1. When it comes to storytelling, where do you get your inspiration from?
Usually from my own imagination. I like to do a lot of walking and just live in the dark spaces of my mind and dream of stories. I like to listen to music while I take my long walks. I like to just be in my imagination.
2. In 2017 producing “See you yesterday” (short) did you already have in mind what you will want to include in the feature one day or did you focus on just the short film and expanded the story after production was done?
I wrote two drafts of the feature first before I made it to a short. The plan was to always make it into a feature film. But, my professors at NYU told me that I was not ready to make a feature because I didn’t have a strong short to show to investors or producers. The best plan was to have the short made as a proof-of-concept for the feature.
The short film was well received in over 35 film festivals around the world, it’s currently licensed through HBO and it is now on online on HBO and Cinemax streaming platforms. So the short as a thesis film is a blessing, because I get to have studio money back my feature film.
3. You’ve just released your directorial feature debut. How important is this to you, personally, and to your career?
It’s like finally! [laughs]. This is the reason why I want to be a filmmaker. I can’t go on forever making shorts. I started film school because I needed to know how to make a feature film. I have dreams. And I need to start my career. So… finally! [laughs]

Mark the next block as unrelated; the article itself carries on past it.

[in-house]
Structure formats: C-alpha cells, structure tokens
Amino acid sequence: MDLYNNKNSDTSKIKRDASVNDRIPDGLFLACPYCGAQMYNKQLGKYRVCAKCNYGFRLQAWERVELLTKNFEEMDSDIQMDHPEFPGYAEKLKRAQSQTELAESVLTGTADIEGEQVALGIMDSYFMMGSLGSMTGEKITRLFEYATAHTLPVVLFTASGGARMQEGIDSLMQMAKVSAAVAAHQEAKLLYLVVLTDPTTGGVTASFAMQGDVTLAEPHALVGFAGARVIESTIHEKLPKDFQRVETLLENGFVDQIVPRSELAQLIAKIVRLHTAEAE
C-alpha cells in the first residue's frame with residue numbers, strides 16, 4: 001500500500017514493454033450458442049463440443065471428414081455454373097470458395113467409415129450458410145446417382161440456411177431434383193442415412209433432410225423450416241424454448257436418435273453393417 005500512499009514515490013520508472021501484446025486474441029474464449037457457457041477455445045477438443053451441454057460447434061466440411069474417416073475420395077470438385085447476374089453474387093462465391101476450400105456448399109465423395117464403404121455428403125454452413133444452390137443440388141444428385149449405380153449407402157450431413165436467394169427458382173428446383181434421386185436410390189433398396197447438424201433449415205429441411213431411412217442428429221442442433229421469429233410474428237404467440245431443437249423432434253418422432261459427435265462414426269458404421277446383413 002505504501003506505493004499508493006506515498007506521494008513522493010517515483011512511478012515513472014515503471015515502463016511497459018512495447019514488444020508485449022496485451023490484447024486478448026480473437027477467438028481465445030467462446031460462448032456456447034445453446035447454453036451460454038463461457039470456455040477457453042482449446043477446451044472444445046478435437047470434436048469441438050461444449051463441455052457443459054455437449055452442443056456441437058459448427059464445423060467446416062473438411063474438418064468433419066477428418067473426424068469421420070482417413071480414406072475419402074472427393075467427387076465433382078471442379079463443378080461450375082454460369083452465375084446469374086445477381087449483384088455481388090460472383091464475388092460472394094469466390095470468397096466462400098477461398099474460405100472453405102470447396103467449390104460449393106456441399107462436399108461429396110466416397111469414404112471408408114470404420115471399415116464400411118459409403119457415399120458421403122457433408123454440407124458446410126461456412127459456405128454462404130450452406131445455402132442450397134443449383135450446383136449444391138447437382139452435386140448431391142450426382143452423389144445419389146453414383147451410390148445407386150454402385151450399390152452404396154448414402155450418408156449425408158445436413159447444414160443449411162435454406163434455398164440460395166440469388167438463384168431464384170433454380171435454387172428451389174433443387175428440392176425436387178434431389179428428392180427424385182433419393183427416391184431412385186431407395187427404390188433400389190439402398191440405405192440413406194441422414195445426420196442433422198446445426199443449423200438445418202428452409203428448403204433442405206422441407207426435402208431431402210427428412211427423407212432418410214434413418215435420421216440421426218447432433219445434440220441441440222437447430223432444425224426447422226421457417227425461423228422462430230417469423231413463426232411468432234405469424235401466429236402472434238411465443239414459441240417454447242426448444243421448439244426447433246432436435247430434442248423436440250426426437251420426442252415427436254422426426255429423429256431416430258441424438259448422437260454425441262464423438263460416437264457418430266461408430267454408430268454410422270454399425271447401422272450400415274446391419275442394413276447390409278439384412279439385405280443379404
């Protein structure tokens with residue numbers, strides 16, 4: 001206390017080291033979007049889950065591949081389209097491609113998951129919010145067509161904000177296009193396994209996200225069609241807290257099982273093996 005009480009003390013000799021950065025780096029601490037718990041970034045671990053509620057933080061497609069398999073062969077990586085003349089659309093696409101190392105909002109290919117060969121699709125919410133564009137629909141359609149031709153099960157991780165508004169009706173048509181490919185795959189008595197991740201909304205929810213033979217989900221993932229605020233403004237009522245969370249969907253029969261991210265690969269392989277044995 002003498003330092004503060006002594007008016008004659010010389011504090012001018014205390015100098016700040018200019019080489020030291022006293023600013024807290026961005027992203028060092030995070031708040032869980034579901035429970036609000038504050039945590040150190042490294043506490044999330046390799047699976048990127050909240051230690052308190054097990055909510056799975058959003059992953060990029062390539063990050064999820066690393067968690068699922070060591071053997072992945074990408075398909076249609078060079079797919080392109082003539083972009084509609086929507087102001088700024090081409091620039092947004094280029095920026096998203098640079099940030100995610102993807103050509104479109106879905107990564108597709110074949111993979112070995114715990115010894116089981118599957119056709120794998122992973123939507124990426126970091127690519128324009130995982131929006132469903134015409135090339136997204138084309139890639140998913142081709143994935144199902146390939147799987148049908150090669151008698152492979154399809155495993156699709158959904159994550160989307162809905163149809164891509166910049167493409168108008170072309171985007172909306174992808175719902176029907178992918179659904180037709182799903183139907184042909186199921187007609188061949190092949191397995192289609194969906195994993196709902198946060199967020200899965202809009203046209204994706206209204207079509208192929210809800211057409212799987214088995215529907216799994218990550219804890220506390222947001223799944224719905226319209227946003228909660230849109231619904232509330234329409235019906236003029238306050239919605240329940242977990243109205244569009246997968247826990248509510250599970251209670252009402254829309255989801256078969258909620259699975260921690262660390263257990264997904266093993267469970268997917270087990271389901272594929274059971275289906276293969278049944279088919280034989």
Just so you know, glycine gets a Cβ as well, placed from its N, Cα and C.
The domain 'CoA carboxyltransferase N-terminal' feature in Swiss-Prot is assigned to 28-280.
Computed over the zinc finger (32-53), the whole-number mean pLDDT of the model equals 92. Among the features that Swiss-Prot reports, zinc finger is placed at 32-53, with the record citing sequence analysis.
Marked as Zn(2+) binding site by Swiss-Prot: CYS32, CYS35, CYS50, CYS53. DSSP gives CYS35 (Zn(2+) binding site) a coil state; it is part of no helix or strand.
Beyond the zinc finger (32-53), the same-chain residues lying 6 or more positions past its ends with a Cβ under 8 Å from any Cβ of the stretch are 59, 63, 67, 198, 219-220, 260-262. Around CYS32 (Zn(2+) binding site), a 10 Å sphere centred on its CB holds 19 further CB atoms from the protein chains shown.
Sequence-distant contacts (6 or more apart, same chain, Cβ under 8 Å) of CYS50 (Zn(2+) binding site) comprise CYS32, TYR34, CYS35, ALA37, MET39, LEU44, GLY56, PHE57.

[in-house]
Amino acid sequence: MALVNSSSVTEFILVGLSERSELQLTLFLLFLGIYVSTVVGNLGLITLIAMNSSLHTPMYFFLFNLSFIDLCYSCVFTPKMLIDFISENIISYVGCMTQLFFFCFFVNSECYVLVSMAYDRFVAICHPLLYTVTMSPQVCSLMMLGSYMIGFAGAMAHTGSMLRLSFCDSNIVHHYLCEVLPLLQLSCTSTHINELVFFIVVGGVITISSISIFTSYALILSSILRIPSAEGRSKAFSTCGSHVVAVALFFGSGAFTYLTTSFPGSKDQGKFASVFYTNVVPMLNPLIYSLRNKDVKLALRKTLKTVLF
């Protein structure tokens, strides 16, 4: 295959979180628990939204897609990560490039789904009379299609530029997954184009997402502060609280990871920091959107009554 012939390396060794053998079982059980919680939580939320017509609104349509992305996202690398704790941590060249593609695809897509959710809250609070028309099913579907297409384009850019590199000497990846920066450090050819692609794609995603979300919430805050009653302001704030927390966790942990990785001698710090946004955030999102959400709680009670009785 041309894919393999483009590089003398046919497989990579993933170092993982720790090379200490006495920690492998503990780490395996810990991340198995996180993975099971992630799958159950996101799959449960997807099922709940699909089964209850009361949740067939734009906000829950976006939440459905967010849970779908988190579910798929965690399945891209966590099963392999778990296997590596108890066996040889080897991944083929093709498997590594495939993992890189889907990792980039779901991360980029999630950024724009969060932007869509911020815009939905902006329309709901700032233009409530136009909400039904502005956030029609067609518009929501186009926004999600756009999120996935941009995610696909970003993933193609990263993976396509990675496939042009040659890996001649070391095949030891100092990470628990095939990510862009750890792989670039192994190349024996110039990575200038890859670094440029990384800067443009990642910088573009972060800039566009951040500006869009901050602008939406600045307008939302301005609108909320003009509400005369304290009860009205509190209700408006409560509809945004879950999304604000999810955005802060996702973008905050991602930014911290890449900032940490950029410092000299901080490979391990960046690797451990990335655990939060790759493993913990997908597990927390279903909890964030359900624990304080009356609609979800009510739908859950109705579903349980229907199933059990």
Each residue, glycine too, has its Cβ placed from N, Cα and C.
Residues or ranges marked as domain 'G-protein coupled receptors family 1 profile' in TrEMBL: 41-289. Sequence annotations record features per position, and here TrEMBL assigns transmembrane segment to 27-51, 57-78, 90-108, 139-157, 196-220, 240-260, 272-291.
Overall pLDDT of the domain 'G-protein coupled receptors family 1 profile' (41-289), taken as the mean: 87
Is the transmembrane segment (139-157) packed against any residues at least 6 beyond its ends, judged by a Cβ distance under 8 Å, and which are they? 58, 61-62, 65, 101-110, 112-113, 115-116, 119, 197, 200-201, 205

4. Having a mentor like Spike Lee in your disposal how has that foster your growth?
He hated a film I did while I was at NYU. He yelled at me about it. It was a short film about a kid trying to get his friend to rob a bodega so he can help his father get rid of really bad debt. The film just showed people of color in another negative light and said that these kinds of film will leave our people stagnant. It help me go deeper into myself to remember the reason why I went into film school. I wanted to show a different side of Black America. And I wanted to do Sci-fi, not another quintessential hood film. Therefore, See You Yesterday was born.
5. Tell us about being vulnerable in your work? Do you think there’s a line?
You have to be open to being honest with yourself and with others. Filmmakers are trained to be lie detectors. Not in an overt or mischievous way, but it just comes with the training. You have to learn how to elevate the subtext when making a film. And that takes honesty. The best films comes from those who are vulnerable. Because it’s through truth that people can relate to your stories and through your work.
6. When did you realize you wanted to be a Filmmaker? Was there an exact moment, or was it more gradual?
I was 18 when I saw Do the Right Thing for the first time. Right then and there I knew exactly what I wanted to do with my life. When I told my mom I wanted to study filmmaking in college, she wasn’t having it! [laughs] But, at Morehouse and at NYU I worked my ass off to get successful. Now I’m here.
7. What would you say is your unique responsibility as a filmmaker?
For me, it remembering that every filmmaker is different and every film has its own unique voice. There will always be an audience for you and your films. Don’t try to copy or pigeon hole yourself into something that you are not. Find your voice and you’ll be fine.
8. What’s next for you?
More Black sci-fi content. As well as Action-Adventure with Black actors in leading roles.
How can others reach out to you and/or stay informed about your upcoming projects?
I can be reached on Instagram @stefonbristol.